“Believe it or not, all seven of us are still alive,” he said, “so we were all able to make the ceremony. They put up a big brass musical note up for us listing all of our achievements, like our million dollar seller ‘Keep on Dancing.’ Our note is right beside Elvis and Jerry Lee Lewis. A lot of friends from high school came out for the ceremony. It was great to see all those people we grew up with.”
“Man, we had a time,” he continued about his run with the band. “We toured with the greats — The Beach Boys, Sonny and Cher. We did a lot of the Dick Clark shows.”
In fact, it was Clark who gave Hart some memorable advice about performing, advice that Hart would use to great acclaim later on in wrestling.
“People always ask me why I carry the megaphone and wear the flashy jackets. Because Dick Clark said something one day at a meeting before we went out on stage. He said, ‘Remember one thing. If you dress like the audience, one day you’re going to wind up sitting in the audience.’ Which means, look different, be a little different.’ It’s the same in wrestling today. If you’re wearing a shirt that someone in the audience can buy, then why should they buy a ticket to see you?”
In light of today’s wrestling product, the ability to differentiate one’s self is even more important, as it seems that there are not a lot of the same colourful personalities as there were back in Hart’s days. Some of the ones that particularly stand out for him today are CM Punk, The Miz, and Heath Slater.
“I did Smackdown a few months ago, and I did a thing with Heath Slater. He went out and said, ‘Jimmy Hart’s going to make the next Honky Tonk Man,’ and who knows, that might have given him the idea of doing all the rock and roll stuff. I’d love to cut an original song for him, and have him sing it, like we did for Honky.”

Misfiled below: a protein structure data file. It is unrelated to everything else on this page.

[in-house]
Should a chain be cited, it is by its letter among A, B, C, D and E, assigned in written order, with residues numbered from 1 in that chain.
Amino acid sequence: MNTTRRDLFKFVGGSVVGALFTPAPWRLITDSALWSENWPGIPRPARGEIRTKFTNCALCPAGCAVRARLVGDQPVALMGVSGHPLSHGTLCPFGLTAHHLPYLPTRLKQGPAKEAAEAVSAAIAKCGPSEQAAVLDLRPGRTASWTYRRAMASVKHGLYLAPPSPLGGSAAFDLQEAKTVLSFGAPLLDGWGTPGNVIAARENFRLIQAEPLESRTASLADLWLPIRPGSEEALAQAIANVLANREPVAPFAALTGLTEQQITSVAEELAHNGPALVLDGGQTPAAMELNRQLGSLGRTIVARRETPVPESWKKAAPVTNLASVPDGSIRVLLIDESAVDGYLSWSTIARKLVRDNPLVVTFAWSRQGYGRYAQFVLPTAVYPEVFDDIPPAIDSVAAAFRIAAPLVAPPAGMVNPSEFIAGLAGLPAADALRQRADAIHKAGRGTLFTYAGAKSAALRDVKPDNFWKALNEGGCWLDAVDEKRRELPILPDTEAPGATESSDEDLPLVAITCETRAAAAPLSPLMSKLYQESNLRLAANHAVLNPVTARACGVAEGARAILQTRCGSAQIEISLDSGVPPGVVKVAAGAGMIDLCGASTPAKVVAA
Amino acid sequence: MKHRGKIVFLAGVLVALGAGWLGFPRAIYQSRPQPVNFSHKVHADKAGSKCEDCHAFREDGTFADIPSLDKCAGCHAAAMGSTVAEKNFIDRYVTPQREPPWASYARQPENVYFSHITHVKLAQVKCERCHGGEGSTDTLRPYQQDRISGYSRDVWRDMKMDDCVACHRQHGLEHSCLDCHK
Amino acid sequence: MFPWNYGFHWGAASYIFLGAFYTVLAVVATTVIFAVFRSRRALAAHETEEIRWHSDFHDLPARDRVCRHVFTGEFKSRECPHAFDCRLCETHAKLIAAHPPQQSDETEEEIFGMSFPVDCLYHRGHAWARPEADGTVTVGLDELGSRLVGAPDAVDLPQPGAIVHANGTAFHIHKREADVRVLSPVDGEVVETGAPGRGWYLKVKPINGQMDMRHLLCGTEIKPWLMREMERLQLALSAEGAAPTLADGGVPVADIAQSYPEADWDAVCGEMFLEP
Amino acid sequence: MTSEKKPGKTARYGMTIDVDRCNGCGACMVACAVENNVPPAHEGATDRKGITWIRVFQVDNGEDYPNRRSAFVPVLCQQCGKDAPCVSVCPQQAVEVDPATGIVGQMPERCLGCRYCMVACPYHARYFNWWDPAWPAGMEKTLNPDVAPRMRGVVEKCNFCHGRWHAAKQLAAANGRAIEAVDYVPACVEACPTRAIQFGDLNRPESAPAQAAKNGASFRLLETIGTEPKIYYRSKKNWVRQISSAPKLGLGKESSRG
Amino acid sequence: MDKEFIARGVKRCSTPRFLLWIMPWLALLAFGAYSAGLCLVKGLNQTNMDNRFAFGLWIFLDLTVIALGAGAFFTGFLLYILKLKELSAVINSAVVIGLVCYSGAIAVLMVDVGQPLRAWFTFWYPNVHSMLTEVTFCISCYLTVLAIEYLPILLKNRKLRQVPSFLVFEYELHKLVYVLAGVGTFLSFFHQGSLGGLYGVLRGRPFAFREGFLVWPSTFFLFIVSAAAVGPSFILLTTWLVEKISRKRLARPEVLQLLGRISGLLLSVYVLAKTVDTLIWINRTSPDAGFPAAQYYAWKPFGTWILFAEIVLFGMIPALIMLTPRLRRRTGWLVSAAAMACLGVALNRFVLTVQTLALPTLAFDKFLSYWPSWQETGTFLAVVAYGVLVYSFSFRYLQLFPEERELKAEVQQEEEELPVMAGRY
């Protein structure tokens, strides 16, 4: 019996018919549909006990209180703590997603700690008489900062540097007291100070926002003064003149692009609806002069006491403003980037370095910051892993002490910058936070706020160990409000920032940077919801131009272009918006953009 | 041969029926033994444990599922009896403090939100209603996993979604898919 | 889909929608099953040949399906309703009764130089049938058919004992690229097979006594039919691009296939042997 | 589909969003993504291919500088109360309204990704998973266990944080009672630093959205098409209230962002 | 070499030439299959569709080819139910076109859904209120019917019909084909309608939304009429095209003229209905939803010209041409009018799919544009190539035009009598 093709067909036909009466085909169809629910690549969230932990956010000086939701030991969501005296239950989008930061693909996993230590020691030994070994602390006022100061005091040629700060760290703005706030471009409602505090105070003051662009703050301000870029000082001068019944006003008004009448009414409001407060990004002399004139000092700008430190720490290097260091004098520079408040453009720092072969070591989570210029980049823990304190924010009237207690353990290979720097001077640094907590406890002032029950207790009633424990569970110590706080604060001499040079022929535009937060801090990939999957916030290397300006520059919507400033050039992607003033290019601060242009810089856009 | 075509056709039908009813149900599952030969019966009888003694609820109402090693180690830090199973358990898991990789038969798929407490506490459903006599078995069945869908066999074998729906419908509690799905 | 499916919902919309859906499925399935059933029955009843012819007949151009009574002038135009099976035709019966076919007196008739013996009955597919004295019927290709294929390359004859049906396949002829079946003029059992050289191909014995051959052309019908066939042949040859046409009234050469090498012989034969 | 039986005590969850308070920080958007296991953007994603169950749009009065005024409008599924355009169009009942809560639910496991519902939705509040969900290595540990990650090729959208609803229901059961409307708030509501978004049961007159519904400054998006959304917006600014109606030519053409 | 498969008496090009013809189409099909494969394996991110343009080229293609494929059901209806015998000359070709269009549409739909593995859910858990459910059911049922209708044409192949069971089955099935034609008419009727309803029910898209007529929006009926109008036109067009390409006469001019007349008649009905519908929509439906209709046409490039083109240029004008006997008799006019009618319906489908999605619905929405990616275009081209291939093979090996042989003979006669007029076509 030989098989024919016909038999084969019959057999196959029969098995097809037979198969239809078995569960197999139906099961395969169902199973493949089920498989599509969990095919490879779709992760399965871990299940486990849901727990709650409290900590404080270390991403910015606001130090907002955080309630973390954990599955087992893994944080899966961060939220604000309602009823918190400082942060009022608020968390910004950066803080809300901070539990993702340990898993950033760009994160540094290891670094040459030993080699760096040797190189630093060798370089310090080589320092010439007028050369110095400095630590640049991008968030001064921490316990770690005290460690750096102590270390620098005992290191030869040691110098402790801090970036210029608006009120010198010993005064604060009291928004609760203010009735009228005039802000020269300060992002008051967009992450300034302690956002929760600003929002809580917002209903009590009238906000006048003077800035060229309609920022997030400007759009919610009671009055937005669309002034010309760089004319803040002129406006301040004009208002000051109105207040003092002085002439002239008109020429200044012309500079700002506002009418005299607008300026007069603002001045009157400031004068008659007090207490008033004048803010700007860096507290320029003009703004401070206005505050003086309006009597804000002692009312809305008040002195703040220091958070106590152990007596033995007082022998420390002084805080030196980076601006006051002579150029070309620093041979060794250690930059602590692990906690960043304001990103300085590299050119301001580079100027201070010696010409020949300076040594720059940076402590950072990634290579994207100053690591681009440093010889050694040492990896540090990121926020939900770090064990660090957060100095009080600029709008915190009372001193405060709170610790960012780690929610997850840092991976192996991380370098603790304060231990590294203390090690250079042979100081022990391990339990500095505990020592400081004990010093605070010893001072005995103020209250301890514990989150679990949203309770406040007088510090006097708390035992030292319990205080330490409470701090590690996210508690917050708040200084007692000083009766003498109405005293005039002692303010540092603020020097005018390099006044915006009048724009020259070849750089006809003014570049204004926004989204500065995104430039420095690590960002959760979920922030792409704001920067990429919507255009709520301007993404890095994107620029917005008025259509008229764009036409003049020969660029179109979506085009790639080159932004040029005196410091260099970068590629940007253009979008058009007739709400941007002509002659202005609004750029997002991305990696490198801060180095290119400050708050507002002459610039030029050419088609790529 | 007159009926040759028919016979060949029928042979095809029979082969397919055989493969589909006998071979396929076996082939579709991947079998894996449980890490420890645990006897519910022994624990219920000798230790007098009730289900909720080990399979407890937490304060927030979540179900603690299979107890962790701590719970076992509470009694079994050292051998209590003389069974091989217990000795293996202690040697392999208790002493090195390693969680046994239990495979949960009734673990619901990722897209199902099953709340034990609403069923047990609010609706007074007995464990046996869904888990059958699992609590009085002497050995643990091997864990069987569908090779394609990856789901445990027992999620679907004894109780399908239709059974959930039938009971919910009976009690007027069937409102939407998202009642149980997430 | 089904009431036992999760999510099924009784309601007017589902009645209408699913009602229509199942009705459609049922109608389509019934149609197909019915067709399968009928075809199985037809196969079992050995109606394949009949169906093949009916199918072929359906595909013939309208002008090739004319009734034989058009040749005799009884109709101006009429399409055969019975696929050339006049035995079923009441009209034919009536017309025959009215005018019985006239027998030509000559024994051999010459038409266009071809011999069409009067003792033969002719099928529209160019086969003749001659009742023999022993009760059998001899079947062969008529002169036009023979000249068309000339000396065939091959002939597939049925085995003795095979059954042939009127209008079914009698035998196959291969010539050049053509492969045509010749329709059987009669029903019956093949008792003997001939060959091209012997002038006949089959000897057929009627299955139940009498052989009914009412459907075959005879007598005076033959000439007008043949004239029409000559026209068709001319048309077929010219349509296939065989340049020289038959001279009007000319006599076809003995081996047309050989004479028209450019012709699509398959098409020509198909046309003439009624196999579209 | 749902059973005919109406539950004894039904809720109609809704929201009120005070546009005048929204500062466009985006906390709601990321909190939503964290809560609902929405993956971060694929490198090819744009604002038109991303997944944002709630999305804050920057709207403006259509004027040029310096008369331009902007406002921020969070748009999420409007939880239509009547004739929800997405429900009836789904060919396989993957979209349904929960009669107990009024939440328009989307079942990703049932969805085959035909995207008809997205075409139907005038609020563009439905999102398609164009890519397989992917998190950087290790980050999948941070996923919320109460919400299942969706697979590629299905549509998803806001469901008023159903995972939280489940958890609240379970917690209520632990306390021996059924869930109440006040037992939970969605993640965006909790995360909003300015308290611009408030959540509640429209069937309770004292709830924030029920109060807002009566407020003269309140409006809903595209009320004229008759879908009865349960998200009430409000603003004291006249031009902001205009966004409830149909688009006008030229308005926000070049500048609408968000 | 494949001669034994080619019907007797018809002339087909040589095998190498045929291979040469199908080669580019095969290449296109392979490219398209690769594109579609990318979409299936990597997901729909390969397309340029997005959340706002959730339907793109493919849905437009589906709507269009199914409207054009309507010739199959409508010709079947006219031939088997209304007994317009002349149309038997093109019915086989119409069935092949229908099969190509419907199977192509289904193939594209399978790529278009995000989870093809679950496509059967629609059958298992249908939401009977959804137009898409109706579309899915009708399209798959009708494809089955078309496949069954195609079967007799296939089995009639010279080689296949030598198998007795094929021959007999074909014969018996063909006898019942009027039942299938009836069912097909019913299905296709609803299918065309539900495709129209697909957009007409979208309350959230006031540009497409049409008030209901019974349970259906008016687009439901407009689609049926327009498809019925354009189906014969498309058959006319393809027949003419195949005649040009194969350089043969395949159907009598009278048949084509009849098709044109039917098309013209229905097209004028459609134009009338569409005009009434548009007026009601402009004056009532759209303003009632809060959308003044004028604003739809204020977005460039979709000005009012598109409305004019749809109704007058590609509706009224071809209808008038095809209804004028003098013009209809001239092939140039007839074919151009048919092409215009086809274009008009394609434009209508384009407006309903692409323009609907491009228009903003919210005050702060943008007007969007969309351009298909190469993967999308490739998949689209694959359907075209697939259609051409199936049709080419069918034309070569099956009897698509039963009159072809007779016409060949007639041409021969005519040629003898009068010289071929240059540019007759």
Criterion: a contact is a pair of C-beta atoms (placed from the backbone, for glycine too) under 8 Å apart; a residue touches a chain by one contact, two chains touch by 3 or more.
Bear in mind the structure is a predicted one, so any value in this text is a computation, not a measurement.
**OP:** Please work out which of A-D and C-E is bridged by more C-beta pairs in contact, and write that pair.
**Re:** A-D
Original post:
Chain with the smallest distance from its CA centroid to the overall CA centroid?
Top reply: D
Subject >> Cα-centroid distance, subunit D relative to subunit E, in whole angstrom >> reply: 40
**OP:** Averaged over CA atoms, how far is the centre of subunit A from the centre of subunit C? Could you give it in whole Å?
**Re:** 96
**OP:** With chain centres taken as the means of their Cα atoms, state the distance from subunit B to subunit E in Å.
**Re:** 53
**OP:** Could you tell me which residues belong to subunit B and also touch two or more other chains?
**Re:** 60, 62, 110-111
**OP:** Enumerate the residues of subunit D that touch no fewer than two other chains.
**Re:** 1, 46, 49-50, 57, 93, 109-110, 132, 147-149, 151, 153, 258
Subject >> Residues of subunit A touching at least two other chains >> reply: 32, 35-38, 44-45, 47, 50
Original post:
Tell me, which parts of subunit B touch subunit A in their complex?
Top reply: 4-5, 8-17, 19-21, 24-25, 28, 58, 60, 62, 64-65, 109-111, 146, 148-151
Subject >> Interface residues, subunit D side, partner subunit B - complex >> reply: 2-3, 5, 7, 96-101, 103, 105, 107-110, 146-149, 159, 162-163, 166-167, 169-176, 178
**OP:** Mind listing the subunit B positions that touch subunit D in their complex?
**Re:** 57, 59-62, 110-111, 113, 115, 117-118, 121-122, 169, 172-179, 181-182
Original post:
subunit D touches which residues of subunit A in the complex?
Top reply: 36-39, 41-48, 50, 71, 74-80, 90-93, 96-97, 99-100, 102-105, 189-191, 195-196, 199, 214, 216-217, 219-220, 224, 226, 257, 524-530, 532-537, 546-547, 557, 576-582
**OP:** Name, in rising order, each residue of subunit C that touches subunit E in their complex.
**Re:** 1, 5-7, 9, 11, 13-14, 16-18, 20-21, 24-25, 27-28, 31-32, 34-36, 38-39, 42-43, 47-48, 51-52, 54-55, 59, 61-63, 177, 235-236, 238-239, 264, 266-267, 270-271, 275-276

So does that mean Hart would be interested in a full-time managerial role? Even though managers are not as prevalent as they were in Hart’s days, until recently, Vickie Guerrero was playing a managerial role, and Paul Heyman is doing one as well. How does Hart feel he would fit in among those two?
“I think Vickie does great. And I’m glad to see Paul back. I love what Paul did in ECW — he took a lot of guys that were short, skinny, bald, tall, and made them into stars for that era. I think he did a great job. My main thing, I don’t mind doing TV, but it’s got to be the right thing. To go out there and do it just to do it, that doesn’t mean anything.”
Besides, it’s not like he isn’t already busy. After coming back from Poland, Hart will continue his numerous appearances, at conventions and indy shows, and perhaps some more WWE dates.
“I still do some Make-a-Wishes for WWE, and hopefully will come up again for the Hall of Fame autograph sessions. I have so much fun seeing fans and meeting all the people. Of course, Hulk [Hogan], has got a new beach shop open in Clearwater, so he got me — ‘Jimmy, come on over here, brother,'” he said, doing a flawless Hogan impression, “to come down there and do stuff with the Hulkster for that.”
“I’m just really busy, baby… and it’s really great.”
Bob Kapur doesn’t know what the word “gentry” means, even though he’s heard it a thousand times in the opening theme of Married… with Children. E-mail him the definition at [email protected].